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Introducing the Palestinian Summer Camp For Children

Introducing the Palestinian Summer Camp For Children
It isn’t about arts and crafts.
By Hugh Fitzgerald

In the Western world, especially in North America, children go to summer camps where they learn arts and crafts, study nature lore (including identification of different mammals, insects, and plants), and play tennis and soccer. Some learn to ride a horse. Many learn to swim, or if they already can do so, to improve their stroke. Marshmallows may be roasted and stories told by both counsellors and campers by the light of campfires. These camps are the subject of affectionate humor, of the Alan Sherman “Hello Muddah, Hello Faddah” variety.

The Palestinian Authority, too, runs camps for children. This year, 600 camps, with 42,000 campers, are being run by the Palestinians in the West Bank and Gaza. Their theme this year was “Al-Masra wal-Asra,” i.e., “the place of Al-Isra (Al-Aqsa) and the prisoners,” were held in the West Bank, the Gaza Strip and East Jerusalem.

These are very different affairs from camps in the Western world. Palestinian camps are intended mainly to train young people to be fighters for “Palestine.” They are named after, and honor in myriad ways, both imprisoned and “martyred” terrorists. A report on what the Palestinian Authority holds up for emulation at these camps can be found here: “Terrorists lauded at PLO-sponsored summer camps run by PA,” JNS, August 29, 2022:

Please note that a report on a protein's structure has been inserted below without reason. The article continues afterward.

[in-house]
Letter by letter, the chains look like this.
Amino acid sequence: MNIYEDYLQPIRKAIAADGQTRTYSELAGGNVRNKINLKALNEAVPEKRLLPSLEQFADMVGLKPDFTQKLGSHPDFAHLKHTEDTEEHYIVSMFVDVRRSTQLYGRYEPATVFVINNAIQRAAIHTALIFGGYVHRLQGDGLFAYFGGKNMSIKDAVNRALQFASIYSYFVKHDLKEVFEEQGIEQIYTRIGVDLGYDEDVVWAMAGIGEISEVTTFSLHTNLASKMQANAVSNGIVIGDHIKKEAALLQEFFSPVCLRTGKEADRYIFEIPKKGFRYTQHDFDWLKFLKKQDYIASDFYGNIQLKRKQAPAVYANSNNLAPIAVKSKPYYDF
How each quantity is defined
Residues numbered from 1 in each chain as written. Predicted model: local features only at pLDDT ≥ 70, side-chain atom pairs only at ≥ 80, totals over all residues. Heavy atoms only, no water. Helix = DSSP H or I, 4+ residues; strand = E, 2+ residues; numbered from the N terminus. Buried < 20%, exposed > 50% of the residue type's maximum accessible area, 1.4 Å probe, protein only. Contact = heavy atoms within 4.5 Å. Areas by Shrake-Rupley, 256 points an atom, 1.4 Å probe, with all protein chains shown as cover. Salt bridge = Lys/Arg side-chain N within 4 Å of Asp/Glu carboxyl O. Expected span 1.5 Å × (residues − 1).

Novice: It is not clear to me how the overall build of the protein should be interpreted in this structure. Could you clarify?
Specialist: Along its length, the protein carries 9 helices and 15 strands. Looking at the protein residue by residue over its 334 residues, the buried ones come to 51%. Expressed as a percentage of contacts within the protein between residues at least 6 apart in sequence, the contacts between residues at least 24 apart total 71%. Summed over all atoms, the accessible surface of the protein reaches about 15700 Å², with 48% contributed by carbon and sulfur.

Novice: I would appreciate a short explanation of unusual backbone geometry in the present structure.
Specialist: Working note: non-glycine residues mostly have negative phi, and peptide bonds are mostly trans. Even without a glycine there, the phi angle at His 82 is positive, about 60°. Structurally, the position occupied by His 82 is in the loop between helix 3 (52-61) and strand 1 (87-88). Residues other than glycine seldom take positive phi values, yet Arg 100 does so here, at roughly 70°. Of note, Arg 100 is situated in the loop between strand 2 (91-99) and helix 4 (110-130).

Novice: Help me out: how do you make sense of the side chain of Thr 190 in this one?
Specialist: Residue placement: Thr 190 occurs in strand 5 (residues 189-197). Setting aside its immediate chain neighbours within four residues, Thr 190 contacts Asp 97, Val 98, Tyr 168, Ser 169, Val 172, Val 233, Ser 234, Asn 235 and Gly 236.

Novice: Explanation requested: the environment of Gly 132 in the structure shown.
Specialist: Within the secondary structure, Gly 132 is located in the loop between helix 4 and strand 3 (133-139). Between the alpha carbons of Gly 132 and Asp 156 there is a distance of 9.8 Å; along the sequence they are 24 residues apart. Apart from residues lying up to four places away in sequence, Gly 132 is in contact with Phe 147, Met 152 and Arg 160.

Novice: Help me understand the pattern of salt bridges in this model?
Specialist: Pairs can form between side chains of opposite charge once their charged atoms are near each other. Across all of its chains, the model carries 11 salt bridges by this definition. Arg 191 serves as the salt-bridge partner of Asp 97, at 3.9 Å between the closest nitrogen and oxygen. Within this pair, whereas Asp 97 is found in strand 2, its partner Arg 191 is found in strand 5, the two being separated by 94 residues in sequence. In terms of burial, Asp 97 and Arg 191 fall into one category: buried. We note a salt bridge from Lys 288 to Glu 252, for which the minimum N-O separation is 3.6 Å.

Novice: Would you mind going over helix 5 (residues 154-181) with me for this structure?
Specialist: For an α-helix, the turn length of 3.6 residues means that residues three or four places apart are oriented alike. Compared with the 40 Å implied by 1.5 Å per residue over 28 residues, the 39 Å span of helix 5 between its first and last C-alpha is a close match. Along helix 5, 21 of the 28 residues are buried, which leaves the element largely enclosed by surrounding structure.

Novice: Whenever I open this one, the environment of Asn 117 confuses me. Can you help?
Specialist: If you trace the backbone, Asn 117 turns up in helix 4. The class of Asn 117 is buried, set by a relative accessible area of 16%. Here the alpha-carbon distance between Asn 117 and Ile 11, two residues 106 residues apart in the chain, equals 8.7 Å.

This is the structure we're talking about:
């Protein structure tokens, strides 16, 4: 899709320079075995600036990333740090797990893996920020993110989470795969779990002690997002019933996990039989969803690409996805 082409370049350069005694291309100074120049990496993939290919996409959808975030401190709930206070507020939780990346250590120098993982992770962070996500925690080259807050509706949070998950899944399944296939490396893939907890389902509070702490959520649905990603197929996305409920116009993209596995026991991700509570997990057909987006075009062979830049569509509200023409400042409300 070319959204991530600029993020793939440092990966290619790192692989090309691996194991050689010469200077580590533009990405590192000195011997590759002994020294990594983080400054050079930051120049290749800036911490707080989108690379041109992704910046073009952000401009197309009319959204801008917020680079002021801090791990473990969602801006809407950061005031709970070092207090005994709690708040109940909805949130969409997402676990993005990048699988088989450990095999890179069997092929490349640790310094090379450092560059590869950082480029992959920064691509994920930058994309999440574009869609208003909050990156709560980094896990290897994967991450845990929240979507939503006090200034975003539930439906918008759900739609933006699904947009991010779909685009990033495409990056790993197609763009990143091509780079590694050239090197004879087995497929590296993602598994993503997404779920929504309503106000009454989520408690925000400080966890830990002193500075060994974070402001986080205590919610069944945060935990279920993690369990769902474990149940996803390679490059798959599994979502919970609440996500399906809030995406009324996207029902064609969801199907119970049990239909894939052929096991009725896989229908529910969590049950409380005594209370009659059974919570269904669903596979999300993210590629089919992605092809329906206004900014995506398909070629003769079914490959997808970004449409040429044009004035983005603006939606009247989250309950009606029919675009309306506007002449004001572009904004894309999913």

Participating children and teens learned about the lives and activities of six terrorists, whose portraits were hung at several of the camps.

The summer camp in the Kubar refugee camp near Ramallah was named after Marwan Barghouti, who is serving five life sentences, plus 40 years, for his involvement in multiple terror operations in the Second Intifada, during which he was the head of Fatah’s military wing.

Camp Barghouti was named for one of the worst Palestinian terrorists, who is currently serving five life terms in an Israeli prison for organizing shooting attacks during the Second Intifada, for directing a terrorist attack on the Seafood Market restaurant in Tel Aviv that killed three Israelis, and for an attempted bombing of the Malha Mall in Jerusalem.

It is because of these acts, not despite them, that Barghouti is held up as a figure for Palestinian campers to admire and emulate.

In the Palestinian Authority territory, summer camps for children and teenagers were once again organized [in 2022, after the end of the COVID lockdown] by the PLO’s Higher Council for Youth and Sports, according to MEMRI….